undiagnosed, often life-altering condition. The committee was able
to redefine the diagnostic criteria for this disease so that they are easy to
understand and apply and capture the essence of the disease's unique symptomatology.
The committee recommends an evidence-based, disinterested
procedure by which these criteria can be refined in the future on the basis
of new research.
well as examining advocacy websites and the Voice of the Patient report,
the committee determined that the name "chronic fatigue syndrome" has
done a disservice to many patients and that the name "myalgic encephalomyelitis"
does not accurately describe the major features of the disease. In
their place, the committee proposes "systemic exertion intolerance disease" as a name that more fully captures the full scope of this disorder."
several reasons, including skepticism of health care providers about the serious nature of ME/CFS and the misconception that it is a psychogenic illness or even a figment of the patient's imagination. Less than one-third of medical schools include ME/CFS-specific information in the curriculum
(Peterson et al., 2013), and only 40 percent of medical textbooks include
information on the disorder (Jason et al., 2010). ME/CFS often is seen as
a diagnosis of exclusion, which also can lead to delays in diagnosis or to
misdiagnosis of a psychological problem (Bayliss et al., 2014; Fossey et al.,
2004; Jason and Richman, 2008). Once diagnosed, patients frequently
complain that their health care providers do not know how to deliver
appropriate care for their condition, and often subject them to treatment
strategies that exacerbate their symptoms.
extracting their findings and using an adapted "GRADE grid" to
record judgments as to whether there was sufficient evidence that
certain symptoms and abnormalities define either ME/CFS or a
particular subtype of the disorder (see Appendix B for the grid
new name for ME/CFS, and operationalizes the new criteria.
complex, multisystem disease that frequently and dramatically limits the
activities of affected patients. In its most severe form, this disease can consume
the lives of those whom it afflicts. It is "real." It is not appropriate to
dismiss these patients by saying, "I am chronically fatigued, too."
chronic fatigue syndrome if diagnostic criteria are met following
an appropriate history, physical examination, and medical work-up.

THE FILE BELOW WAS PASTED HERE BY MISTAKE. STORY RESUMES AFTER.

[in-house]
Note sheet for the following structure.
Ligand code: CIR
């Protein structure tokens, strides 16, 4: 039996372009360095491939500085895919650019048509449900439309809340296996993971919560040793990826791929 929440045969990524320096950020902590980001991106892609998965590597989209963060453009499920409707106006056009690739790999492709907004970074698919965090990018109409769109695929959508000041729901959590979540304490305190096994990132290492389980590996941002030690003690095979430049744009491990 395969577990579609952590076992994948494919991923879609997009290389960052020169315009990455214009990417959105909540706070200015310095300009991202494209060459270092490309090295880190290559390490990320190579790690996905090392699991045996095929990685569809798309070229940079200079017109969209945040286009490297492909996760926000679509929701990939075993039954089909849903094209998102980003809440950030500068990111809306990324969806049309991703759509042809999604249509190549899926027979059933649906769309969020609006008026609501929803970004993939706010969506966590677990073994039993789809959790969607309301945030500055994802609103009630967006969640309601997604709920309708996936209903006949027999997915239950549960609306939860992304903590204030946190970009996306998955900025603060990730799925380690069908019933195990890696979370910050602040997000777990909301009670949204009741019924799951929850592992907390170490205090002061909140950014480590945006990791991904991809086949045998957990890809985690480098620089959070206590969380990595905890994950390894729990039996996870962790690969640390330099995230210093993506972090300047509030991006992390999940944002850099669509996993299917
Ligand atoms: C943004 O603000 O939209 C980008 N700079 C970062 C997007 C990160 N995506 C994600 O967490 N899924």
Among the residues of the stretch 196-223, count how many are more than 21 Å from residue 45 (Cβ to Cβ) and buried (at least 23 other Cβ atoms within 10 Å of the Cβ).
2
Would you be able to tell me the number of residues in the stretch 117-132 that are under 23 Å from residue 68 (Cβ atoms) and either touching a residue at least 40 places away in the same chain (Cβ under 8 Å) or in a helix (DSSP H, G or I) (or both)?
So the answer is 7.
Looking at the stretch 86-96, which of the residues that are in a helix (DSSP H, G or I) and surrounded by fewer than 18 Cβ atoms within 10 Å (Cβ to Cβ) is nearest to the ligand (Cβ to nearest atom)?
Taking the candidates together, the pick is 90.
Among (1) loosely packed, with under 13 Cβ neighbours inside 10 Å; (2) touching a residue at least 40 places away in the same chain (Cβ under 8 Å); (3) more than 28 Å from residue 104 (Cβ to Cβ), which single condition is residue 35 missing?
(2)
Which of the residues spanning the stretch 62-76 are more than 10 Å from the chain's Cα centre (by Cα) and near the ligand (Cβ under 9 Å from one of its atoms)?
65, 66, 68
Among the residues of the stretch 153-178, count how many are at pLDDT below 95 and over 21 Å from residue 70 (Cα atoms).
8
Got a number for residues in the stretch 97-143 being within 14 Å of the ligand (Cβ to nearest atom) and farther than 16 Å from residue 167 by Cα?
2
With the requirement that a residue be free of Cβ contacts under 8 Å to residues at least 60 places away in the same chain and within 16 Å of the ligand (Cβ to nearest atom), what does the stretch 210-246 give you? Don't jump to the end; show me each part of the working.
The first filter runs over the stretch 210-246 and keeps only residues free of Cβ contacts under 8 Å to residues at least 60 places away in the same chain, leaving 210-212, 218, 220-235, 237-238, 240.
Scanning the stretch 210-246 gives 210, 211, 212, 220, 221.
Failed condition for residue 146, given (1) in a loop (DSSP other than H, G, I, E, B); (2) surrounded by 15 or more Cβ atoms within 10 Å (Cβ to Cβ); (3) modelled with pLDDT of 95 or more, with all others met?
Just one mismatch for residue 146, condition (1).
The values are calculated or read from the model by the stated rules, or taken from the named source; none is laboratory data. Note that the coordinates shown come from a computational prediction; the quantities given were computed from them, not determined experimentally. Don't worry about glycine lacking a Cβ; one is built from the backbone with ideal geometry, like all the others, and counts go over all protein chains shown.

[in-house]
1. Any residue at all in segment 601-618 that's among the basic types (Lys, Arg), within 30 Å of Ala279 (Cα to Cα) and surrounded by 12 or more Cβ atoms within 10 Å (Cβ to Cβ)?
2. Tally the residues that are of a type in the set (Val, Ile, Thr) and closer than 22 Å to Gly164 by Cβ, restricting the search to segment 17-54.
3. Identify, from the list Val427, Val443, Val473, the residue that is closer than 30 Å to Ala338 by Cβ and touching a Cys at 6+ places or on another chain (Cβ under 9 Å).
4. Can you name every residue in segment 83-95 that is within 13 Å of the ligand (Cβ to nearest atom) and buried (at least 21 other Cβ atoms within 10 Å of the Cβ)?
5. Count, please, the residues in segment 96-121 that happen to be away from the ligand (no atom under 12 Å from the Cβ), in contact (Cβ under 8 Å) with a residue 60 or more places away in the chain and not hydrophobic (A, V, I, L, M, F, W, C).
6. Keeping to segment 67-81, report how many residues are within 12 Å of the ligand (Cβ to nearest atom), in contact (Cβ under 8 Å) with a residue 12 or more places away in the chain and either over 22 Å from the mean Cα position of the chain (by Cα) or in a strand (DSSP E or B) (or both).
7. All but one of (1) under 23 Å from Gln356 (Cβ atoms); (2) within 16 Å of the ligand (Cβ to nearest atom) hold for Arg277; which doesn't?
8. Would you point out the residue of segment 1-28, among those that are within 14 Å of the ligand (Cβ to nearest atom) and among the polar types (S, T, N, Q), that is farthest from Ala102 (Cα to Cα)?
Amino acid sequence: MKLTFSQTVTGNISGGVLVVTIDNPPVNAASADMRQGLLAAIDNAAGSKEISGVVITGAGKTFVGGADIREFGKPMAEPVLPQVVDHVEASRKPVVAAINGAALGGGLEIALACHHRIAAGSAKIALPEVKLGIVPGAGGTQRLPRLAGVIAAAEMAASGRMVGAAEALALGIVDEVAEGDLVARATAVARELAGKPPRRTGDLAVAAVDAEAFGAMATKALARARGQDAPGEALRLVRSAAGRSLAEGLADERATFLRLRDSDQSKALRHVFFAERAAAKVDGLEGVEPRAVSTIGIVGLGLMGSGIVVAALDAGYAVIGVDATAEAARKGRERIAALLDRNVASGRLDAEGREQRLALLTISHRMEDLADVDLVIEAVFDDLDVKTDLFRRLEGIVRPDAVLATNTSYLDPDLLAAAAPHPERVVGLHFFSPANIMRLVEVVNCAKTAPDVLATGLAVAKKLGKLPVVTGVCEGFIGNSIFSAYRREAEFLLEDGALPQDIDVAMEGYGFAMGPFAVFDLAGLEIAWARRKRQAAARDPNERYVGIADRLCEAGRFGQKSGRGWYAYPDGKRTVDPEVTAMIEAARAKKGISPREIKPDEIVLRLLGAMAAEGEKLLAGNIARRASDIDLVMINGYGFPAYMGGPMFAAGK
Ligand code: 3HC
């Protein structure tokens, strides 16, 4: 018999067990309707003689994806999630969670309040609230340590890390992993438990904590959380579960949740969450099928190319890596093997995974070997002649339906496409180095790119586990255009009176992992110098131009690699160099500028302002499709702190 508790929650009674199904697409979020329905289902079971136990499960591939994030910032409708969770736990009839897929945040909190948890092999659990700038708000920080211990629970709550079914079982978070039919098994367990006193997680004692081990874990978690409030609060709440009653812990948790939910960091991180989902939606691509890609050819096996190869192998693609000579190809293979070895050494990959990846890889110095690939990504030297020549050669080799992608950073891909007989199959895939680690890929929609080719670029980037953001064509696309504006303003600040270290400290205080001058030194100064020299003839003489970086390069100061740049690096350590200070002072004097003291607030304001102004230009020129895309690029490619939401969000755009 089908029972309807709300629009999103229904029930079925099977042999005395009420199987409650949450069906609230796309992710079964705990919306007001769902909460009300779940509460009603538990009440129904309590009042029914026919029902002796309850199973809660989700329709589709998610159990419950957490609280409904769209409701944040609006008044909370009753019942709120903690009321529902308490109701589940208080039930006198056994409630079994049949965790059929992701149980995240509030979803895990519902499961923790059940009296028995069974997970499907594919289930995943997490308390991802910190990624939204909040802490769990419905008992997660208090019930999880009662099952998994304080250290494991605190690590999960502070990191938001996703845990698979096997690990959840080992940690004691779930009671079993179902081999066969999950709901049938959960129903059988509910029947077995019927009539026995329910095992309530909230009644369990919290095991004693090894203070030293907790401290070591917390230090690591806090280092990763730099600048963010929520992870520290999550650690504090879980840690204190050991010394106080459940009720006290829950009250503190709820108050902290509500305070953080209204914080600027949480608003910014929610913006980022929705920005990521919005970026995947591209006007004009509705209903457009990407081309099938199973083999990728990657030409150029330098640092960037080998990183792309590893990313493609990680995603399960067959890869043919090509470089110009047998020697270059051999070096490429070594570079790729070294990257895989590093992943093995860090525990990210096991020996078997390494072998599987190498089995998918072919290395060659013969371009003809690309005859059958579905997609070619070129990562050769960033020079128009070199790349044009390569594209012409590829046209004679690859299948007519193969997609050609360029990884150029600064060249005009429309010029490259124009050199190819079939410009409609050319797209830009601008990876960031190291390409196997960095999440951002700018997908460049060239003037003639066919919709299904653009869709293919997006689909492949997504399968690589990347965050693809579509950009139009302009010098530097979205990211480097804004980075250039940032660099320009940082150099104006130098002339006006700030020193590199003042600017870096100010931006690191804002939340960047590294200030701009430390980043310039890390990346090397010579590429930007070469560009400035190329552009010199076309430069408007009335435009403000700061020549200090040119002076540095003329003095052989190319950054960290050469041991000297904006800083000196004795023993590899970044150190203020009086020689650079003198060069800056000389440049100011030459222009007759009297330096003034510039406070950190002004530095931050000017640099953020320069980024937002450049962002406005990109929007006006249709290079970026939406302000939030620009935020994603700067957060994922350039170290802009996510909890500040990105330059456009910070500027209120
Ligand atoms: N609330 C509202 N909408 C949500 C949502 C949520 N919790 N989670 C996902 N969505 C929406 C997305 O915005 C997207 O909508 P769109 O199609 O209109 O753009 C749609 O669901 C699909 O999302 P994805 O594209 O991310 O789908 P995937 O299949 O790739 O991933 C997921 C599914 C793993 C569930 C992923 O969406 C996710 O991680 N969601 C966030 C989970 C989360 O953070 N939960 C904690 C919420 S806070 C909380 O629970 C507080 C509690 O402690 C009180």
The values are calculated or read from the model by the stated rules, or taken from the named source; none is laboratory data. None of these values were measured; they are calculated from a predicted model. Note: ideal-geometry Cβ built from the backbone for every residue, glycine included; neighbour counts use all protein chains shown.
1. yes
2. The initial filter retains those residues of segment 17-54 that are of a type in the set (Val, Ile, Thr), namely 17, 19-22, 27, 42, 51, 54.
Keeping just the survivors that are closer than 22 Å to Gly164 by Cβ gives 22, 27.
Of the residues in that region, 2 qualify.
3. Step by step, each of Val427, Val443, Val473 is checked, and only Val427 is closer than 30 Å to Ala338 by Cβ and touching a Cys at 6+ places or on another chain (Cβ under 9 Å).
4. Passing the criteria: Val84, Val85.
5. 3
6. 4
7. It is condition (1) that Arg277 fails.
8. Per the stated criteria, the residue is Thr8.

A new code should be assigned to this disorder in the International
Classification of Diseases, Tenth Edition (ICD-10), that is not linked
to "chronic fatigue" or "neurasthenia."
research on ME/CFS conducted to date. Remarkably little research funding
has been made available to study the etiology, pathophysiology, and
effective treatment of this disease, especially given the number of people
afflicted. Thus, the committee was unable to define subgroups of patients
or even to clearly define the natural history of the disease. More research
Doctors MUST use the available information, even if it's given to them by patients. Paternalistically patting her on the head and saying "don't believe everything you read online" ignores the fact that there is a lot of GOOD information online (including this IOM report). Doctors MUST drop their prejudices about women patients and about internet-based information, in order to give the best care.
value of creating a name that conveys the central elements of this disease, a
practice for which there is much precedent in medicine for disorders whose
etiology or pathophysiology is not yet well understood. After extensive
consideration and mindful of the concerns expressed by patients and their
advocates, the committee recommends that the disorder described in this report be named "systemic exertion intolerance disease" (SEID). "Systemic exertion intolerance" captures the fact that exertion of any sort—physical, cognitive, emotional—can adversely affect these patients in many organ systems and in many aspects of their lives. The committee intends for this name to convey the complexity and severity of this disorder.